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  • Writer's pictureAnastasia Sitenko

Canadian Interest Rates: The Mortgage Renewal Shake-Up and the Road to Rate Cuts

A leading strategist, Royce Mendes of Desjardins, has suggested that the Bank of Canada has concluded its series of interest rate hikes due to the looming risks associated with mortgage renewals. Instead, Mendes predicts that rate cuts are on the horizon and could arrive in the middle of the next year. This change in direction is seen as necessary to prevent a potential economic downturn linked to Canada's mortgage market challenges. Mendes doesn't envision rates returning to zero but anticipates the Bank of Canada's policy rate to drop to around 2.5 percent to address the impending wave of mortgage renewals.

Mortgage renewals are emerging as a significant concern, as noted by Bank of Canada Governor Tiff Macklem during his testimony in Ottawa. The central bank's recent interest rate decision was influenced, in part, by the mortgage renewal factor. RBC banking analyst Darko Mihelic highlighted that approximately 60 percent of Canadian mortgages are set for renewal within the next three years, potentially leading to a financial "payment shock" for homeowners if rates don't decrease. Mendes, however, believes that the percentage of mortgages up for renewal may be even higher, with the real challenges expected to hit around the middle of 2025 and into 2026.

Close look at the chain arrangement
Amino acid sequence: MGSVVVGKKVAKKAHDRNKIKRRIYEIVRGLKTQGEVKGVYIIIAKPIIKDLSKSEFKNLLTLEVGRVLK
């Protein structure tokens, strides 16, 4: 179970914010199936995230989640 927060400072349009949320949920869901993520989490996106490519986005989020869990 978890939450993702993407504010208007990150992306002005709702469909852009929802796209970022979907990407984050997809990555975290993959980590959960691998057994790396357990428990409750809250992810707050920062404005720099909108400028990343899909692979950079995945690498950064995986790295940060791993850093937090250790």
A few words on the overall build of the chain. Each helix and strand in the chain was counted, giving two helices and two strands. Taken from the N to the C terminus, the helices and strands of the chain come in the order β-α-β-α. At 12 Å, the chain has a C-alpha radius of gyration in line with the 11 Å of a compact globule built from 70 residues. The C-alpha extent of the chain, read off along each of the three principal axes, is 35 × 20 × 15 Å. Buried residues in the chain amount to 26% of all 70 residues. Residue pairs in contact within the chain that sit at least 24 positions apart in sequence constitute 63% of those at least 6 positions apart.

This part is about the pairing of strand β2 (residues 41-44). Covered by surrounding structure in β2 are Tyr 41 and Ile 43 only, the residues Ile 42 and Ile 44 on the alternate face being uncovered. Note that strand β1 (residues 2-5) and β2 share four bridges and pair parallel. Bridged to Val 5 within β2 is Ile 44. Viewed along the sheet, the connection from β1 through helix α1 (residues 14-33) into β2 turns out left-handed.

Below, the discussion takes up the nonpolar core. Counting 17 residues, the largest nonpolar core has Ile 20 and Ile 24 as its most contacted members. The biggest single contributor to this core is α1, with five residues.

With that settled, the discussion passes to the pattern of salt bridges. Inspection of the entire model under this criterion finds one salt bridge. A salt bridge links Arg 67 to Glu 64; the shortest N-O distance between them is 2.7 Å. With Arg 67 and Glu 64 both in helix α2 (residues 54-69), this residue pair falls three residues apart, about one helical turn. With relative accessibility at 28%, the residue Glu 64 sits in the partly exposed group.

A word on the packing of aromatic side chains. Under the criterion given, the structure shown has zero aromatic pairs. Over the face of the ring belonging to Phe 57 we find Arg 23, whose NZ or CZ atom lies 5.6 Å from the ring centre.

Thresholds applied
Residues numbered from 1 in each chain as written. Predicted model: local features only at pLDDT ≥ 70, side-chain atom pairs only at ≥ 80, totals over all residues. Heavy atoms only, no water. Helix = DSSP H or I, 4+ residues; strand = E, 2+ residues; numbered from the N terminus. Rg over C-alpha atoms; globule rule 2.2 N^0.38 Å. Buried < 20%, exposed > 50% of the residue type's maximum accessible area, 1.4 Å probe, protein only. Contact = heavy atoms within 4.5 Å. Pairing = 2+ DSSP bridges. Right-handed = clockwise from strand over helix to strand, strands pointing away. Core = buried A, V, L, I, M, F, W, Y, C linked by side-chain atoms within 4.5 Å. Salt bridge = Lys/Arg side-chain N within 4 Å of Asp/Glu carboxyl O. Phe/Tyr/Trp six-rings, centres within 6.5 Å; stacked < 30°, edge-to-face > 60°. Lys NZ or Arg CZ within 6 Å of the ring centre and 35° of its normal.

While addressing mortgage concerns, the Bank of Canada remains committed to its fight against inflation. Macklem hasn't specified when the rate cuts might occur. In September, the annual inflation rate dipped to 3.8 percent, which remained above the central bank's two percent target. Mendes suggests that the bank may not need to wait for inflation to reach that exact target to justify rate cuts, indicating that inflation below three percent could be sufficient. Currently, the Bank of Canada's benchmark rate stands at five percent, but Mendes foresees a significant decrease over the next year, projecting a rate of around 3.5 percent by the end of 2024, with continued reductions in 2025.

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